Across the globe banking was left reeling as a result of the sub-prime meltdown and the following financial crisis that gripped the world, and the recovery process has been long and arduous.
In South Africa, however, the banking sector survived the crisis with far less damage than international counterparts, due in large part to proactive measures put into place years ago, including the National Credit Act (NCA).
Enforced regulatory compliance such as the NCA meant that the credit crisis did not hit South Africa as hard as countries like America, and the already high interest rates and strict lending criteria meant that customers of the banks themselves were not as hard hit by the recession.
However, while the credit crisis and the recession did not have as large an impact on local banking as could have occurred, other factors have held the South African banking market back from being able to evolve and implement new technology to better service customers and improve internal efficiency.
The biggest issue that the sector as a whole has had to contend with is legacy equipment in core banking systems, and externally imposed regulations and environmental situations that have prevented IT budgets from being used to update these legacy systems in order to offer new services and improve efficiency.
The need to comply with international regulations, including Basel II, Basel III and Sarbanes Oxley has required huge investments into technology and systems, which have tied up scarce IT resources and budgets for many years.
Local regulations such as the NCA, – while they helped curb the effects of the recession – also added their own pressures as compliance required a major demand on IT finance and technology. The new PCI standard has had a similar effect. All of these externally imposed factors have meant that from a technology investment point of view the focus and the money have all been channelled towards complying with imposed external regulations.
In addition to the compliance factor, security has been a major concern in the South African banking market and dealing with this has also required significant investment into technology. Technology and software have had to be invested in to handle security around ATMs as well as internet banking, which comes with myriad ever-evolving threats, such as phishing, fraud and identity theft.
The net result is that banks in South Africa have simply not had the resources available to invest the time and money to examine internal systems that support products and deliver services. Many internal systems are hampered by legacy and outdated equipment and are focused on product as opposed to process, which has held the banking sector back from serious efforts to improve internal efficiency.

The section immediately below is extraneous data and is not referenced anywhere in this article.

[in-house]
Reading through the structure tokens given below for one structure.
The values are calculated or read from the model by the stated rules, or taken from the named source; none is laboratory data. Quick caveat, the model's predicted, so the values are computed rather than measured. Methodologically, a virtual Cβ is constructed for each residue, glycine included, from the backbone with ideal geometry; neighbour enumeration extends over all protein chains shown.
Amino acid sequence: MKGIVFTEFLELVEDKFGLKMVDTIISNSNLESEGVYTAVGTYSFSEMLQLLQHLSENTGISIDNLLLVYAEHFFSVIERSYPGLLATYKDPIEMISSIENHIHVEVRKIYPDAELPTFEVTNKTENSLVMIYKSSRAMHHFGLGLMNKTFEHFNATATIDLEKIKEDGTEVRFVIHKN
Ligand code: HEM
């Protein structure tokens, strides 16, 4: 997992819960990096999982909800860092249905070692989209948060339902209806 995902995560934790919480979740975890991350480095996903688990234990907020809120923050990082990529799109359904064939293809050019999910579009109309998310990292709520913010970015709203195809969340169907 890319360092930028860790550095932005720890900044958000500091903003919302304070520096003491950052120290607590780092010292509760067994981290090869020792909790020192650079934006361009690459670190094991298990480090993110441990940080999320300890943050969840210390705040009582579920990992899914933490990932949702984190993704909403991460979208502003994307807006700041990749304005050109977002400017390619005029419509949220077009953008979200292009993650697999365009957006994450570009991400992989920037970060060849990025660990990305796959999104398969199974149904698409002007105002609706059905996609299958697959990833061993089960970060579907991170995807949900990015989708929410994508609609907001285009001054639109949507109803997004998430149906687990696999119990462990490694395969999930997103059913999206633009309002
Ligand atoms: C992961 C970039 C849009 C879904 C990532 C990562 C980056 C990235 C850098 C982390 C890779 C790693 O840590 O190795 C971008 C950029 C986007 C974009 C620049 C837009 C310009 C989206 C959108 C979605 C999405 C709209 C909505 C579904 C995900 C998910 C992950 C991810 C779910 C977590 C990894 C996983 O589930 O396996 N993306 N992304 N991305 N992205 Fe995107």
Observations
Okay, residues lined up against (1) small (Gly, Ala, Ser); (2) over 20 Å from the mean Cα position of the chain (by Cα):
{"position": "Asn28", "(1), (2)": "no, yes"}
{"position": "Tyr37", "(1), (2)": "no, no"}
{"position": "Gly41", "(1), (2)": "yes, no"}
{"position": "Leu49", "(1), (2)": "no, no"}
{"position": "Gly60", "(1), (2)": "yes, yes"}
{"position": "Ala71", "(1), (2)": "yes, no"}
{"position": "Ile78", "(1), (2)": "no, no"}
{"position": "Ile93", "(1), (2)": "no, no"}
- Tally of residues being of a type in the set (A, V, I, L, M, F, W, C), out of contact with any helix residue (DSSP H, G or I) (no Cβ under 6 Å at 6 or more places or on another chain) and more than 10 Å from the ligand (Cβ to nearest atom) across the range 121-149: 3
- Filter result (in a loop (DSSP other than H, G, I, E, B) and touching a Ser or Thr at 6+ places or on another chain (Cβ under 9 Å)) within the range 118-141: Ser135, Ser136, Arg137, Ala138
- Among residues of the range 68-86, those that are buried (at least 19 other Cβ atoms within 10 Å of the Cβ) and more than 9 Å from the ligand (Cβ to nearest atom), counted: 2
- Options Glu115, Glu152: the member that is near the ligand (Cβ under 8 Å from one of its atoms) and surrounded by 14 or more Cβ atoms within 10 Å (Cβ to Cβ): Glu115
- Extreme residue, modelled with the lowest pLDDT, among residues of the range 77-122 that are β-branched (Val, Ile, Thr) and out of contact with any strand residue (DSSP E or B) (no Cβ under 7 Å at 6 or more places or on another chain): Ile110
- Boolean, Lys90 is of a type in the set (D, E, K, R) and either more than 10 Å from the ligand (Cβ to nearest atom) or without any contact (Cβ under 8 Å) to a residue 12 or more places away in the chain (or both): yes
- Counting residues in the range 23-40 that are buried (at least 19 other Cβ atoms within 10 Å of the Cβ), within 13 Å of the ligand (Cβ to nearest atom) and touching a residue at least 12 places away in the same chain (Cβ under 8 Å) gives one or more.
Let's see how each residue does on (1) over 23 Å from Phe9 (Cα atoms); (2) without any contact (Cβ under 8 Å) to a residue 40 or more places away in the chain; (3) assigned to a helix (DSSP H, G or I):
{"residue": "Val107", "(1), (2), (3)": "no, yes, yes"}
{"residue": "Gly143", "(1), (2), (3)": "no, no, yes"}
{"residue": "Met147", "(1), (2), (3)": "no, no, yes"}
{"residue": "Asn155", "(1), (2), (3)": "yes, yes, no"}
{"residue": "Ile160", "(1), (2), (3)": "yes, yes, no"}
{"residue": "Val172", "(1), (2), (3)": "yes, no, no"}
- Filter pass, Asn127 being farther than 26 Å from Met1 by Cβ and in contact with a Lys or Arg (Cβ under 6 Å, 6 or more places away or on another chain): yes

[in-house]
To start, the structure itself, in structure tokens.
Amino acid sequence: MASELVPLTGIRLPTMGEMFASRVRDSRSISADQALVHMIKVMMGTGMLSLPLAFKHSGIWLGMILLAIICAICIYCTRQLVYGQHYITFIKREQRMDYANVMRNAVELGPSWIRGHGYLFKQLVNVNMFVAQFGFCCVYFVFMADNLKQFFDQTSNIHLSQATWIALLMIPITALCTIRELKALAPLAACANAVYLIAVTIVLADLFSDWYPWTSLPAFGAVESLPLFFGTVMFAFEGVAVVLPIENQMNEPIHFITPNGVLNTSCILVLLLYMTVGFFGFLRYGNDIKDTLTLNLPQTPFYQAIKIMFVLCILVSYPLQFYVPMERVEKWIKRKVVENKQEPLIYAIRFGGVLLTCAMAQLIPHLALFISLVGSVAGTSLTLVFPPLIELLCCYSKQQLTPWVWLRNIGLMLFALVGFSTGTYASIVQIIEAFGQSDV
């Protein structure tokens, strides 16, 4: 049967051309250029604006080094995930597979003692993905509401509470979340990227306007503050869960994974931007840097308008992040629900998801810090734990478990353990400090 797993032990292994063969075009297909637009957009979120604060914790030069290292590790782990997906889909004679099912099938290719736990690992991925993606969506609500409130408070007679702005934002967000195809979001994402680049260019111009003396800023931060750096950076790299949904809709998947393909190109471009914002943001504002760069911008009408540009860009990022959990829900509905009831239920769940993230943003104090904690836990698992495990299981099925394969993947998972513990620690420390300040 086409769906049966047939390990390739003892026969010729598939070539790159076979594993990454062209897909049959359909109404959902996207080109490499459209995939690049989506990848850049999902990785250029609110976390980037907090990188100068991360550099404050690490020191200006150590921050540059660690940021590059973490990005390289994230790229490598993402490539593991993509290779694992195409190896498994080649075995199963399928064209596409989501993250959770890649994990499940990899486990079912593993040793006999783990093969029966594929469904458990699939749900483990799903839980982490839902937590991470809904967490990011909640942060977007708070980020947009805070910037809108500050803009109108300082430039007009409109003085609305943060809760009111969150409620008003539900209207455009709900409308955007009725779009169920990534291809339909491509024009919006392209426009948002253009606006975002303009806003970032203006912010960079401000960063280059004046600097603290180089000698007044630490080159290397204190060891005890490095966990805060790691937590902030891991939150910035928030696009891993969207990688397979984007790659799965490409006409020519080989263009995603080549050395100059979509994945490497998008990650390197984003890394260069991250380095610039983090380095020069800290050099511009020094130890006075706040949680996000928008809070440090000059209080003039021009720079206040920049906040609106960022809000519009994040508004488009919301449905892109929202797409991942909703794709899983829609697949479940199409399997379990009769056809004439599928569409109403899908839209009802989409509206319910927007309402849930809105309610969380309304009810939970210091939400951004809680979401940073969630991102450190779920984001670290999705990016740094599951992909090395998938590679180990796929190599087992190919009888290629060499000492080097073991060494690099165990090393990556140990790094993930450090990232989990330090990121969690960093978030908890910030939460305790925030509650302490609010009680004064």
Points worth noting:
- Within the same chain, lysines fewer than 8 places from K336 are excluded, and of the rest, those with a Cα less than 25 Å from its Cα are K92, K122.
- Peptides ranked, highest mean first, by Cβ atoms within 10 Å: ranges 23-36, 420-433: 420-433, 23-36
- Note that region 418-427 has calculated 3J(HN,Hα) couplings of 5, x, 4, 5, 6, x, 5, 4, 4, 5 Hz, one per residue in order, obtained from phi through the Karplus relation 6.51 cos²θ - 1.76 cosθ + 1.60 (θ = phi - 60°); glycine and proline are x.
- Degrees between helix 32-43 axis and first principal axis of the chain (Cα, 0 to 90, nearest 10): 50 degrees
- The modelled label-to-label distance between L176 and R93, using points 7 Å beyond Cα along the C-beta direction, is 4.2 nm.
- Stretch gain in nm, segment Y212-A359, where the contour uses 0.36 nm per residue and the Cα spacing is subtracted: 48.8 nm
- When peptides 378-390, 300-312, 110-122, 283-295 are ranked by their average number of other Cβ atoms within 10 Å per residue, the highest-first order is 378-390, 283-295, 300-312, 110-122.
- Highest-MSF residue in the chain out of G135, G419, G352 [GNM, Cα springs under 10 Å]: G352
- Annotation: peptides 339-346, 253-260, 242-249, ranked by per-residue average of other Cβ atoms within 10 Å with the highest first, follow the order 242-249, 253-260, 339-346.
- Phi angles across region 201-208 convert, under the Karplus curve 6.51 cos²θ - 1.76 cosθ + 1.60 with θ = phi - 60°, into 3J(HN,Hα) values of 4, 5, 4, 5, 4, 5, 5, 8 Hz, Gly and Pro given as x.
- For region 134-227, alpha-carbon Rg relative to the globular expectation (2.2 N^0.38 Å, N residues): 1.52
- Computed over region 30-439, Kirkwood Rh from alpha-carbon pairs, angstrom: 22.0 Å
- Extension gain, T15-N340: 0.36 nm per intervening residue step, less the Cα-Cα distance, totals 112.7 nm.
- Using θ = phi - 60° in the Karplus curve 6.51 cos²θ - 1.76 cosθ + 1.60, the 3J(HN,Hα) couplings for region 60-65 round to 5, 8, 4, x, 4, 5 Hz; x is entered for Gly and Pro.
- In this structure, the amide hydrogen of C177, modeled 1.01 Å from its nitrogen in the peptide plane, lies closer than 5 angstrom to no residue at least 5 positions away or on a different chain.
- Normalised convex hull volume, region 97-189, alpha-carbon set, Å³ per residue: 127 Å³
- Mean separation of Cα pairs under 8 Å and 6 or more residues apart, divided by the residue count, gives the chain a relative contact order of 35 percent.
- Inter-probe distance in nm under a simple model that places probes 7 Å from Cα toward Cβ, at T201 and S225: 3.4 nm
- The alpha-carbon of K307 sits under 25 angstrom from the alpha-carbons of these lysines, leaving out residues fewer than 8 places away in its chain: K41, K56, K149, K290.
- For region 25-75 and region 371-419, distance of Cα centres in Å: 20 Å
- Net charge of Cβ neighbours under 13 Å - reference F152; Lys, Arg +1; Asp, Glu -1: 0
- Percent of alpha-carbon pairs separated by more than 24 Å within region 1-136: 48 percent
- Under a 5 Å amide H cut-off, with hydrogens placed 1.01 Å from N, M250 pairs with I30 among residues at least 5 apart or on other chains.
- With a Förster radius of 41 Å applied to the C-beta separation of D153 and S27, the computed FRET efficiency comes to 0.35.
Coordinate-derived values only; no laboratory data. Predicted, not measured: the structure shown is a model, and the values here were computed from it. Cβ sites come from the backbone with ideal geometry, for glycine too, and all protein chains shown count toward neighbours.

In the international market some headway is being made into this space, as banks are looking at payment system processes across the entire organisation rather than specific business units, and are finding ways of optimising these to reduce costs and improve service levels.
However, South African banks have been reluctant to change these, as the systems that support payment processes are responsible for a large percentage of revenue. The local banking industry operates on legacy platforms and systems that have been added onto and modified over time and represent a significant investment, underpinning the reluctance for change due to risk and cost. But the reality is that change will have to happen, as inevitably with legacy systems the cost of maintenance will begin to outweigh the cost of new technology. Added to this is the fact is that they will have to change to meet future demand.
Conducting a baseline analysis of processes and technology across the organisation is a useful place to start, as it provides an overall view of what is in place and highlights areas for improvement. This can be further added to by conducting an internal benchmark, which will point out which areas are doing well and which are lagging behind. This is essential in optimising processes not just vertically but across business units and departments. An external benchmark can also be used to compare a bank against its peers to see where they stand on the status quo and which areas most need improving to bring them up to speed.
Improving internal efficiency and replacing legacy systems may involve capital outlay, but ultimately will lead to reduced cost and improved customer service. Now that that externally imposed pressures of compliance, regulations and security have been dealt with, it is the perfect time for local banks to look within to make processes better, faster and more efficient and optimise them across the organisation, by examining processes and discovering where technology can be used to leverage improvements and cost savings.
By Allan Dickson, Consultant at Compass Management Consulting